Job Opportunities in Germany for International Students

Job Market for Foreign Students in Germany

Germany is one of the most popular study destinations with relation to its evolving job market and  the rising demand for fresh talent in a range of fields. Among the main sectors looking for international workers are chemical, engineering, IT, electronic, machinery, coal, food and beverages, vehicles, machine tools, shipbuilding and textile. For many students, choosing to study abroad is accompanied by finding a job and settling in the country as well. Germany, like other countries, allows students to both find jobs after their graduation as well as find work while studying in the country as well.

All Non-EU students are allowed to work in Germany, provided they have applied for the appropriate Visa after studies. The visa will allow you to work in the country, however, will not classify you as a citizen. If you wish to settle, you must apply for a settlement permit.
 

Rules and Regulations to Work in Germany While Studying

Most international students in Germany choose to work during the course of their studes. While many of them work to pay off their education loans, students also take up jobs to earn extra-pocket money. As per the rules, international students are allowed to work in Germany provided they adhere to certain rules and regulations, such as hours of work per week, employment types and approval, if needed.

The current rules and regulations to work in Germany While Studying include:

  • Students can work up to 120 full days a year or 240 half days a year. Any additional hours that a student may require will first need to be approved by the FEA, the Employment Agency of the country.

  • Students will be allowed to work in any kind of employment except freelancing or self-employment.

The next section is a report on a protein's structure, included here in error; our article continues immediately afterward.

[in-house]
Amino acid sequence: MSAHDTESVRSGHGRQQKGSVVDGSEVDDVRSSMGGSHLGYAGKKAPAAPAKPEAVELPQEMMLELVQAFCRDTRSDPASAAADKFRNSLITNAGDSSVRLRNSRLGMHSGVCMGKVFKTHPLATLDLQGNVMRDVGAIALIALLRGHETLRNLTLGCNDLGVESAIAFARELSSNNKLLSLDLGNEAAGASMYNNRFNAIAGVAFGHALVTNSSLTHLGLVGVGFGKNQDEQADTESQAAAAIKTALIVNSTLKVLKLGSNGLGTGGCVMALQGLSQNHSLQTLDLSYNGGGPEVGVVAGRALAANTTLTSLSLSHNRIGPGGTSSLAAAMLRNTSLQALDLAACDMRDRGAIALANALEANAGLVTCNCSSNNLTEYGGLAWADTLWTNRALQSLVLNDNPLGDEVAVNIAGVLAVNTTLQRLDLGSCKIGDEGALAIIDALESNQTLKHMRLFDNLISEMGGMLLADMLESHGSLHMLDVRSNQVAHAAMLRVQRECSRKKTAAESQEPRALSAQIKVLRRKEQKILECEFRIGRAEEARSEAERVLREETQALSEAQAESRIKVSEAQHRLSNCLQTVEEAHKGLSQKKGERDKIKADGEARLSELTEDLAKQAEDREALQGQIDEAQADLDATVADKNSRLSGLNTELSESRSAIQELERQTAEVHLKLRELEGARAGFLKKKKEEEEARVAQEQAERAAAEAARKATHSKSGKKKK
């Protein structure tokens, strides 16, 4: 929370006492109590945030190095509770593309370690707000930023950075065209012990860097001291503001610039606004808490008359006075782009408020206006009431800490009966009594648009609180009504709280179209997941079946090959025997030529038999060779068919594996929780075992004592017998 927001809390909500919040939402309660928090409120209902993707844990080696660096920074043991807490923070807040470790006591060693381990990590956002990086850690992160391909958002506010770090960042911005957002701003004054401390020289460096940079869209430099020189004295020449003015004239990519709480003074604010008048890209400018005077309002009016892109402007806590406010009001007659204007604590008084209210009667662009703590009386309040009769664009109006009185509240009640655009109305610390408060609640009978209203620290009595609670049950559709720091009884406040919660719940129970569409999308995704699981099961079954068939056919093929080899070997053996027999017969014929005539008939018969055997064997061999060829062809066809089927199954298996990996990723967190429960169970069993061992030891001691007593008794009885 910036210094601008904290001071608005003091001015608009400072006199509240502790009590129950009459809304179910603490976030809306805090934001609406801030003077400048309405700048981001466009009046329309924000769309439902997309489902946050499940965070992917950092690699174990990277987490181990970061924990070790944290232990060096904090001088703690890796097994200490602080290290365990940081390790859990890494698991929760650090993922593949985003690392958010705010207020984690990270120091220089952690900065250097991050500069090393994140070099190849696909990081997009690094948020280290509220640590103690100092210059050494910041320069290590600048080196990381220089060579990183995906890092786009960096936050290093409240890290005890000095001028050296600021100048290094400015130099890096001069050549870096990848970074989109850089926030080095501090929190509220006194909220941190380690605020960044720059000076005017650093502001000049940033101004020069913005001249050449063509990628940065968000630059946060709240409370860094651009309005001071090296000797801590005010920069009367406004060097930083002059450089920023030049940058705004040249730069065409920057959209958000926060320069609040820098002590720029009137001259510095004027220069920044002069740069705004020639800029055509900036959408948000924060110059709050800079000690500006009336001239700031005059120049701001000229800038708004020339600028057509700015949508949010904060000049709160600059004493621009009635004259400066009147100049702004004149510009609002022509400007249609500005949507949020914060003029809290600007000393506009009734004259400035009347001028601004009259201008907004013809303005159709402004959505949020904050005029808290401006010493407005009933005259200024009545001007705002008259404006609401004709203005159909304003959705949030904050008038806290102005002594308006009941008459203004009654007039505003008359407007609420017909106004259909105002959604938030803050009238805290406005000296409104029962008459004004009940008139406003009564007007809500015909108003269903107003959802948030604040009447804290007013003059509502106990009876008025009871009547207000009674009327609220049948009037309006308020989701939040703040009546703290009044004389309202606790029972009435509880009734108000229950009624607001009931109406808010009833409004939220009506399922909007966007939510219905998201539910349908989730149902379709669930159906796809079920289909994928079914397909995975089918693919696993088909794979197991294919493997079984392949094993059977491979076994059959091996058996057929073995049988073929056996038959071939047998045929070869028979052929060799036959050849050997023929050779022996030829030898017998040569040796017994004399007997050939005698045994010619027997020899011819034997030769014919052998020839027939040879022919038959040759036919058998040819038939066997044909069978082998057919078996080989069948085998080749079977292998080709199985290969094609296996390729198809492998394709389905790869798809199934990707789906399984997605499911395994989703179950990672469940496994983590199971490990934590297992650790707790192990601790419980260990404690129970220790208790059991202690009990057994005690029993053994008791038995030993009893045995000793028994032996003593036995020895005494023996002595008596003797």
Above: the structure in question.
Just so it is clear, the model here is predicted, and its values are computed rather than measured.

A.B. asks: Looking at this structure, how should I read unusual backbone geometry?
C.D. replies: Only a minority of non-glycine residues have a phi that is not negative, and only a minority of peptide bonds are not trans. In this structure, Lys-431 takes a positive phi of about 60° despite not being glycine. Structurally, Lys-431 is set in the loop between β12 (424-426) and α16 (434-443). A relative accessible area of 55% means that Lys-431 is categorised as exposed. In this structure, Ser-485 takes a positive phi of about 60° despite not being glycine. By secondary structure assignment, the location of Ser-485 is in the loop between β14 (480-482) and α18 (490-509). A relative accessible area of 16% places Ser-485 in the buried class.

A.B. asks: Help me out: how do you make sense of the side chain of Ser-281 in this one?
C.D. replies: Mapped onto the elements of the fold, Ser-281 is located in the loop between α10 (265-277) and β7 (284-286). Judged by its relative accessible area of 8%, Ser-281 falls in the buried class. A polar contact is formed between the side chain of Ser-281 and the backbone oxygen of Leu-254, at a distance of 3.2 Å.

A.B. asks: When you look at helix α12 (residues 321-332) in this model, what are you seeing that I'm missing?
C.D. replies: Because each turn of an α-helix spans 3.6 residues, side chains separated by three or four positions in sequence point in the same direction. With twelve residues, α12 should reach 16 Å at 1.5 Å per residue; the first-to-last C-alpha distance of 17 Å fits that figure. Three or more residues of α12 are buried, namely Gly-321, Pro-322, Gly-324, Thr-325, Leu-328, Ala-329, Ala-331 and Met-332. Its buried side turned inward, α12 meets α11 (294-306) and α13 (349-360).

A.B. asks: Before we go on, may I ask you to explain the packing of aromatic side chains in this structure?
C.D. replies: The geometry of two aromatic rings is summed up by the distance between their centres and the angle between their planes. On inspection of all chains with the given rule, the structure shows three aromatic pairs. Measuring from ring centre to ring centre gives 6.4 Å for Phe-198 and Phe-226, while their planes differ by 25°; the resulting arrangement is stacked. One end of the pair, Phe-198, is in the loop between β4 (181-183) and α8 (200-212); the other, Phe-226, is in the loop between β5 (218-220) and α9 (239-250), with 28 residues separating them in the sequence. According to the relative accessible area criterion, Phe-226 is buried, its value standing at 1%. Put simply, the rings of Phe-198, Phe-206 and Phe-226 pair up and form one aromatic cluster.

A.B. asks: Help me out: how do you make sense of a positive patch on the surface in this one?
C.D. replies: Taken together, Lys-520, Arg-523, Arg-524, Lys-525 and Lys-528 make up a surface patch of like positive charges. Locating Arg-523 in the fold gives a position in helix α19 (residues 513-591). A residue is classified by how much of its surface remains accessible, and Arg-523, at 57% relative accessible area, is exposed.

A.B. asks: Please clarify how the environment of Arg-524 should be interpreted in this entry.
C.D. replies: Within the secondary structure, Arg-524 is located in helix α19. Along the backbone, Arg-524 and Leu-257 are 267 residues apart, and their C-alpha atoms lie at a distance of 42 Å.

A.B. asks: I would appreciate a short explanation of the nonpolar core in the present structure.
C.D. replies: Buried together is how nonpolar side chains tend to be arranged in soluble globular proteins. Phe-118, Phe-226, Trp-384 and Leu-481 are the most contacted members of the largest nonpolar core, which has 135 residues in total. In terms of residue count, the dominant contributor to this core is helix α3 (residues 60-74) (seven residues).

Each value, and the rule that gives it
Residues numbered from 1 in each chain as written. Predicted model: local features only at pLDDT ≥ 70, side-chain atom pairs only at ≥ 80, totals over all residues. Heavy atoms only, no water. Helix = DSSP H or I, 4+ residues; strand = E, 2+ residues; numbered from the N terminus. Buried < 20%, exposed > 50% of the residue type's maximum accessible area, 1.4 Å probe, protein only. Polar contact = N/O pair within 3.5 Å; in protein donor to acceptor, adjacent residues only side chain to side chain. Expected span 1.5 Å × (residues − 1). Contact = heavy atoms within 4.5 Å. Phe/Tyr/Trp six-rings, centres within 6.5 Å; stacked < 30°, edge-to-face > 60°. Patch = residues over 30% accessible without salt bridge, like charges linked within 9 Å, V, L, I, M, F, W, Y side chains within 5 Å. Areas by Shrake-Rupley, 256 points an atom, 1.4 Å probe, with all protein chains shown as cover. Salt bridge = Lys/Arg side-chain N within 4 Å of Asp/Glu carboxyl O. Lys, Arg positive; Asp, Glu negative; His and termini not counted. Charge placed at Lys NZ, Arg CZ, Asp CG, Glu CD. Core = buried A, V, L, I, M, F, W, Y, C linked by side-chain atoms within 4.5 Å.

• Those students enrolled in language or preparatory courses will first need to get approval from the FEA and then find a job.

Note: All universities in Germany have a Career Guidance counsellor or International Students Office that can help you in not only finding a job but also help you understand the rules and regulations of working while studying in the Germany. They may also assist you or inform you of the processes that you need to complete before you are able to work in the country.

Also Read: Number of Indian Students in Germany Has Almost 'Doubled in Last 5 Years

Jobs You Can Take Up While Studying

Like any other country, students are allowed to take up jobs to reduce their financial burden. Therefore, like other countries, students will be able to find jobs in retail stores, supermarkets, the university, and other profiles as well. The ability to work while studying also helps in enhancing a student's resume, which can further boost his/her chances in finding a long-term career in Germany as well, provided they find a part-time job in the relevant field. Here are a few jobs On-Campus and Off-campus that you can take up to earn a few bucks.

On-Campus Jobs: On-campus jobs can be an easy option for students who do not wish to travel much. With the opportunity of working where you are studying, you need not worry about scheduling your service shift according to your classes. However, working in the university may not do much in terms of gaining work experience for your field.

  • Library Supervisor
  • Research Assistant
  • Tutoring Assistant or Tutor

 

Off-Campus: A popular option among international and national students alike is finding off-campus jobs. This is so due to the chances of finding a job that pays a little better than On-campus jobs. However, working off-campus may make you feel a little stressed due to several reasons such as inadequate physical rest, work environment stress, etc. 

  • Trade Fair
  • Media
  • Bartending
  • Cashier
  • Babysitter
  • Waiter or Waitress
  • Courier

Also Read: Part-Time Jobs in Germany for International Students

Visa Requirements to Work after Studies in Germany